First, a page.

Greta Friedman, thought to be 'nurse' in iconic VJ Day photograph, dies aged 92

Ms Friedman's brief embrace with sailor George Mendonsa in New York's Times Square was captured by Life magazine photographer Alfred Eisenstaedt

Tim Walker
US Correspondent
Sunday 11 September 2016 17:35
Comments
Eisenstaedt never asked his subjects for their names, so in 1980 Life put out a call for the pair to identify themselves
Eisenstaedt never asked his subjects for their names, so in 1980 Life put out a call for the pair to identify themselves

In the heat of celebration after the Japanese surrender in August 1945, sailor George Mendonsa pulled unsuspecting nurse Greta Friedman into an embrace in New York’s Times Square. Their impromptu kiss is believed to be the one captured that day by photographer Alfred Eisenstaedt, whose image would go on to symbolise the longed-for end of the Second World War.

On Thursday, Ms Friedman passed away aged 92 at a hospital in Richmond, Virginia, more than 70 years since her picture passed into history. Her son Joshua Friedman told the New York Daily News that his mother had been in an assisted care facility for the past two years, and that she died of health complications related to her old age.

The end of the war would have been deeply felt by Ms Friedman, who was born Greta Zimmer in Austria in 1924, and who fled from the Nazis to the US with her sisters in 1938. By 1945 she was working as a dental assistant on Manhattan’s Lexington Avenue. On 14 August, when the world learned that the war was over, she walked to Times Square to join the celebrations.

Mr Mendonsa, now 93, had been celebrating, too. “The excitement of the war being over, plus I had a few drinks, so when I saw the nurse I grabbed her, and I kissed her,” he told CBS News in 2012, when the channel reunited the pair in Times Square. “I did not see him approaching, and before I know it I was in this vice grip,” Friedman recalled.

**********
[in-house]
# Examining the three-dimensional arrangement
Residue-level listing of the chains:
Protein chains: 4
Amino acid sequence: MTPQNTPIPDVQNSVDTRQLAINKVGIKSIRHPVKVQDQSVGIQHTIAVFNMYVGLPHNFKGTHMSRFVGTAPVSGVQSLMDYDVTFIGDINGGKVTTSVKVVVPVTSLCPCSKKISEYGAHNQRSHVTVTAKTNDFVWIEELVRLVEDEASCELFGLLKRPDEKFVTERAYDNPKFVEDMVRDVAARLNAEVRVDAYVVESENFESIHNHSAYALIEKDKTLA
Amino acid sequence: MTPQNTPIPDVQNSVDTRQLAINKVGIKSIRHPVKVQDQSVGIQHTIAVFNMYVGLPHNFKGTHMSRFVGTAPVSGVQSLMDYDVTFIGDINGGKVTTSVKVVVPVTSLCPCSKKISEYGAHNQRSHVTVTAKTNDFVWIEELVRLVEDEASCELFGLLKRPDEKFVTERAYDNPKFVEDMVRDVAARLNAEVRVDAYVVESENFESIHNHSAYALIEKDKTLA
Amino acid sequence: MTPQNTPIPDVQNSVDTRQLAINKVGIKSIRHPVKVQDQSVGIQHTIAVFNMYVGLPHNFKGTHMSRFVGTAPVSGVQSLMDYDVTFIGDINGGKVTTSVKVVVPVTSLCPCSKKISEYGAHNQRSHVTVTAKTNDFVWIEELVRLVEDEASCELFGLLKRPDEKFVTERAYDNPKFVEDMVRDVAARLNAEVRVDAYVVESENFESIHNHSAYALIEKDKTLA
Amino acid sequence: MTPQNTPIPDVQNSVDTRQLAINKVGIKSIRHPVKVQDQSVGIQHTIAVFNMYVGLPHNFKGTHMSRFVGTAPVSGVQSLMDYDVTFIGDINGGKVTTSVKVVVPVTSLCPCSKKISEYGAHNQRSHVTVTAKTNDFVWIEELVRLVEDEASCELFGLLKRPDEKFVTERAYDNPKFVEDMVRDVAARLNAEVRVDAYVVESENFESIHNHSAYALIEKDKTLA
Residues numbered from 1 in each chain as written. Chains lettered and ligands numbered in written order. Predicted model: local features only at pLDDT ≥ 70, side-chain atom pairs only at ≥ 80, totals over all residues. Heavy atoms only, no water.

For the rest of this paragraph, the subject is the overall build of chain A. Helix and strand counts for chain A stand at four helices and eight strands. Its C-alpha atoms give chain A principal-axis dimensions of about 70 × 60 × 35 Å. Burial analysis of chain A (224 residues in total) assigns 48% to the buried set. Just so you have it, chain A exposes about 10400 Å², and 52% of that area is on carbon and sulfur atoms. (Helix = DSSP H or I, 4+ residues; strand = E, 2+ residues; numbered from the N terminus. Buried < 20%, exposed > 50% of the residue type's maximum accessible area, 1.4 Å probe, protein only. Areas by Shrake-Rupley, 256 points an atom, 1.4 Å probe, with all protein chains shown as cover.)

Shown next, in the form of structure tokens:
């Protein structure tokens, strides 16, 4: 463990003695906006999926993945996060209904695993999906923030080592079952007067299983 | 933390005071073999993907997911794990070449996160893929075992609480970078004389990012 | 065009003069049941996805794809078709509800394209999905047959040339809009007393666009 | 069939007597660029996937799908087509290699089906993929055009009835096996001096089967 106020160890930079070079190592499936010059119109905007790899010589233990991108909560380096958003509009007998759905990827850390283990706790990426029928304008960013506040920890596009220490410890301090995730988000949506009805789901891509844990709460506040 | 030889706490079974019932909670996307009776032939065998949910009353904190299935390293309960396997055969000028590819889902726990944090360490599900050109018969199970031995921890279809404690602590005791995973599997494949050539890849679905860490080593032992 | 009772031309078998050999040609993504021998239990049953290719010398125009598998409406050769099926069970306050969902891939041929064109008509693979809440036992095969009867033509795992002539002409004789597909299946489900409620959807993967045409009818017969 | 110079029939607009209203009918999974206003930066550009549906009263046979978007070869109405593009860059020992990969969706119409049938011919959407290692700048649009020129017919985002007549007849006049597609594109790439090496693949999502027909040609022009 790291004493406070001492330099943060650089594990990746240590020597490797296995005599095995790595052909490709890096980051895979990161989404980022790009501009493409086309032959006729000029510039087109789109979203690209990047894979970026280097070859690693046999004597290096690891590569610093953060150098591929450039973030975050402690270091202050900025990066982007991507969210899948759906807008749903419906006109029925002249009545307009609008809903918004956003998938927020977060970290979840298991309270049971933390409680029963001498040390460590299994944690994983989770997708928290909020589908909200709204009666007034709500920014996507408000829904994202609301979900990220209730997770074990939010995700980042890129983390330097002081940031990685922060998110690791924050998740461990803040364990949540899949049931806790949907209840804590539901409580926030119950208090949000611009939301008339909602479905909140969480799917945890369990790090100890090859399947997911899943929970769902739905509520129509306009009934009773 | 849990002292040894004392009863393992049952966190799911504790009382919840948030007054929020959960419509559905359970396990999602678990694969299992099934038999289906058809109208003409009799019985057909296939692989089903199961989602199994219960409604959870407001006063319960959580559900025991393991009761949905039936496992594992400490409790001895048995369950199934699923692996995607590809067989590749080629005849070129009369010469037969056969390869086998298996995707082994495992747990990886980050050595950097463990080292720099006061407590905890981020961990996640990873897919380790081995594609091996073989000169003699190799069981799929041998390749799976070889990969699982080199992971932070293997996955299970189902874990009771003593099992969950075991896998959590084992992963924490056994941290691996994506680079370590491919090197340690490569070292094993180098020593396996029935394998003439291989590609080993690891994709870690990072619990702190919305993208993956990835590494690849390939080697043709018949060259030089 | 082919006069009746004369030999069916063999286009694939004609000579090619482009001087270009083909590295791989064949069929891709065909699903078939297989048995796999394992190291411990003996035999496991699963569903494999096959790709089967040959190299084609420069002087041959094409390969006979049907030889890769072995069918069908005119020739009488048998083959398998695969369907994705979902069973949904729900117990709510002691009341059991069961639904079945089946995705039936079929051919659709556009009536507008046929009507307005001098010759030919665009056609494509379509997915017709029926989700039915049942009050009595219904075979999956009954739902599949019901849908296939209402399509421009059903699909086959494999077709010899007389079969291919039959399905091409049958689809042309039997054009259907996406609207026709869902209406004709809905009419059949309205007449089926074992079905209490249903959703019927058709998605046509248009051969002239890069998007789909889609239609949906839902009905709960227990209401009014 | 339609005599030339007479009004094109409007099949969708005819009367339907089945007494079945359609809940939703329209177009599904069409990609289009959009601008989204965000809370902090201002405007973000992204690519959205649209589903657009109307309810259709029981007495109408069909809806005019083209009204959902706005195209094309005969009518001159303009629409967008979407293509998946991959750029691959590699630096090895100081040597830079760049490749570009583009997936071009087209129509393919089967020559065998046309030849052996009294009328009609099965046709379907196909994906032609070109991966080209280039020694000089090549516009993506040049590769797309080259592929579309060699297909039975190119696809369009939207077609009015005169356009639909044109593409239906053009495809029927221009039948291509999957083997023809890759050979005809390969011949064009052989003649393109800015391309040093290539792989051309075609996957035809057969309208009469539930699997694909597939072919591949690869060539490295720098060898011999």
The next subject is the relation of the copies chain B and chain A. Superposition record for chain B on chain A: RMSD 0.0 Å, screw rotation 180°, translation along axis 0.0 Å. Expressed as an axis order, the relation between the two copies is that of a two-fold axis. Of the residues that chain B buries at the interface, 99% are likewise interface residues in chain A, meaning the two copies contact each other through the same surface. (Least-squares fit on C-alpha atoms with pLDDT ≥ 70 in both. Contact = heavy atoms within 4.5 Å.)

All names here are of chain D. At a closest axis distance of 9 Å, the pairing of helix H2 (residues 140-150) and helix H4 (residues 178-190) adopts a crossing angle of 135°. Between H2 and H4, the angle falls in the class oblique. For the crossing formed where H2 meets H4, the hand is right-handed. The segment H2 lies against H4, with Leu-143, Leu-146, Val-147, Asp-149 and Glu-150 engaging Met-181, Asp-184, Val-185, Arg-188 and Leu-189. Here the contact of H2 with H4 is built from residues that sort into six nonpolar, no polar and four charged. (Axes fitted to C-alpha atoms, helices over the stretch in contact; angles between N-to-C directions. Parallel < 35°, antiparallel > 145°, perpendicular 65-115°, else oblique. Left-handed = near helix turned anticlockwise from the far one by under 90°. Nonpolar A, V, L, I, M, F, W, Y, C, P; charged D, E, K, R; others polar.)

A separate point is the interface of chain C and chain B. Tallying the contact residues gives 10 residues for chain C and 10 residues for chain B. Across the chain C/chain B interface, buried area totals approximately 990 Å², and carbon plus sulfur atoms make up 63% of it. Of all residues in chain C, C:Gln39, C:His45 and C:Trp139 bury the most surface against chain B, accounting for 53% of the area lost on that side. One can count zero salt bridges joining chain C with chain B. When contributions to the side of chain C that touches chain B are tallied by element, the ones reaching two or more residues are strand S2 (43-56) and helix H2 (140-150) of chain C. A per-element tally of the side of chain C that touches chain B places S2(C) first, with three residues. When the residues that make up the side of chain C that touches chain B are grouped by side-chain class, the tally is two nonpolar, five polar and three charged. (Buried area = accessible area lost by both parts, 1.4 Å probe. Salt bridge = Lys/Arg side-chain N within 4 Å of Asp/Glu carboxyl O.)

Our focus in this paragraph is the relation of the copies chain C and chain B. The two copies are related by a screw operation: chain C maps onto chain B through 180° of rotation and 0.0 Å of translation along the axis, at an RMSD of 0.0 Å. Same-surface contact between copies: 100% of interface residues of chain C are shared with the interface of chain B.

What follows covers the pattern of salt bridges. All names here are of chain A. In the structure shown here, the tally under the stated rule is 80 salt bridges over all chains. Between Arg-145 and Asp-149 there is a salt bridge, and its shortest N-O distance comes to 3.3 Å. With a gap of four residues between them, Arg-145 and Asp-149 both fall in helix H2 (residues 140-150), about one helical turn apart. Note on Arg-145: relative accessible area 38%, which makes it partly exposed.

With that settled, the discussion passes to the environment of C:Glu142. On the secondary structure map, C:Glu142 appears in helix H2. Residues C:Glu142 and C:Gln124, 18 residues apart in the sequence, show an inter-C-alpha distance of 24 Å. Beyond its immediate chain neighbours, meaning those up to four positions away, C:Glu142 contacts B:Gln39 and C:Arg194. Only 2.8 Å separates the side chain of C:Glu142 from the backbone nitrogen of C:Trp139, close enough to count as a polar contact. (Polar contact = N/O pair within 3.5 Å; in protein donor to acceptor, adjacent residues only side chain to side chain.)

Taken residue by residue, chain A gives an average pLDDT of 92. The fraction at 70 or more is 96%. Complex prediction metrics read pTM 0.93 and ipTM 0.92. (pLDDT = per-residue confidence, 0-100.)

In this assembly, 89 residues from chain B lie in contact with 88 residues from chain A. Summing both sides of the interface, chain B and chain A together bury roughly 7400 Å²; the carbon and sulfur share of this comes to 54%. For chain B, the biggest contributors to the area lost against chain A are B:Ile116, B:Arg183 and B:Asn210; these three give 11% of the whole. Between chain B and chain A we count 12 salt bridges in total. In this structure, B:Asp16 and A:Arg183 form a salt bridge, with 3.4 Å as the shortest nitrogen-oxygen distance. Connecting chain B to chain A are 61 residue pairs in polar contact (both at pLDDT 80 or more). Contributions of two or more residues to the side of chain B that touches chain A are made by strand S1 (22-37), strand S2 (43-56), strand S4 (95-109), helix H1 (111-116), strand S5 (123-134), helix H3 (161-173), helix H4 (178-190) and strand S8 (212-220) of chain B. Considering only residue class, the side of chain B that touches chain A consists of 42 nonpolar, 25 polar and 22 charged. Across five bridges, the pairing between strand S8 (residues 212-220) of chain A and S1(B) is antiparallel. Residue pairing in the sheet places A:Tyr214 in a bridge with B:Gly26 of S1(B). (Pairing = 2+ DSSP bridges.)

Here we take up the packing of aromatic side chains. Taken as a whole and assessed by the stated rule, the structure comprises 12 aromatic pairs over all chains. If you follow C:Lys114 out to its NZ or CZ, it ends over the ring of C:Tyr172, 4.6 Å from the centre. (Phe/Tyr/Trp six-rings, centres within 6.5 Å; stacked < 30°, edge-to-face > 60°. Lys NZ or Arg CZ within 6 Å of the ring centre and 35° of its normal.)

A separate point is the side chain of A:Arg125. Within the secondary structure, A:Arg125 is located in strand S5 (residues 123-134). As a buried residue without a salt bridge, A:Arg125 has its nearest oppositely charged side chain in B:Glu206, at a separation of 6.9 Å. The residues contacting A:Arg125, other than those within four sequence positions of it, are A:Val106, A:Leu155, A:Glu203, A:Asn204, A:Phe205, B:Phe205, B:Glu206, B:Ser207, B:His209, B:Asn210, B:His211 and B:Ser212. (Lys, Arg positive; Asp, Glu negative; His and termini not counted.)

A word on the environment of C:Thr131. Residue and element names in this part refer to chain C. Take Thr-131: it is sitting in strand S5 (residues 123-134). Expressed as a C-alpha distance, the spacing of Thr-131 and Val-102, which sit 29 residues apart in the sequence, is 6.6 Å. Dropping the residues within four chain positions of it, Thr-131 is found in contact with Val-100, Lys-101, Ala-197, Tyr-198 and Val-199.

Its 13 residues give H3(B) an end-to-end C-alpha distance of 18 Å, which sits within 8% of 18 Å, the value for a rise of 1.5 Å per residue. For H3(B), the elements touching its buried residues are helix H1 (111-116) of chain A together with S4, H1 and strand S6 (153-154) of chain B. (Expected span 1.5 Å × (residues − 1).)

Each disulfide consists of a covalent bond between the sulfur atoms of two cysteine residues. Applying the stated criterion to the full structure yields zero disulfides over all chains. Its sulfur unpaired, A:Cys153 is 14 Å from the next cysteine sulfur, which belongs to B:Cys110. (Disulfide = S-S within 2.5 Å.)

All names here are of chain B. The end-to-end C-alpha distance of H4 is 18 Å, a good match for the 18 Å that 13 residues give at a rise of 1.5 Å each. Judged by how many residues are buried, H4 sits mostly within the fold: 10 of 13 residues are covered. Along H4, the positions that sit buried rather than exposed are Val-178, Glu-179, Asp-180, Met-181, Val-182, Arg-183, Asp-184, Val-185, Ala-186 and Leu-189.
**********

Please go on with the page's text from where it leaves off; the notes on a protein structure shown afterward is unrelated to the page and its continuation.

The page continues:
CBS News reunited Friedman (left) and Mendonsa in Times Square in 2012 (CBS News)

Some have suggested the story smacks of sexual assault, but Joshua Friedman said his mother would respectfully disagree. “My mom… understood the premise that you don’t have a right to be intimate with a stranger on the street,” he told the Daily News, but added: “She didn’t assign any bad motives to George in that circumstance, that situation, that time.”

Mr Eisenstaedt, a photographer for Life magazine, snapped the photo without asking the names of his subjects, who went their separate ways after the brief clinch. But the image only grew in reputation and reach, and is recreated by visitors to Times Square each year to commemorate VJ Day. So in 1980, Life put out a call for the pair to identify themselves.

Several couples came forward, and their competing claims have only been considered settled since 2012, when historian Lawrence Verria claimed to have proved the people in the photo were Ms Friedman and Mr Mendonsa in his book The Kissing Sailor: The Mystery Behind the Photo that Ended World War II.

Greta married Mischa Friedman, a doctor, in 1956. Mr Friedman died in 1998. The couple are survived by their two children, Joshua and Mara, and two grandchildren.

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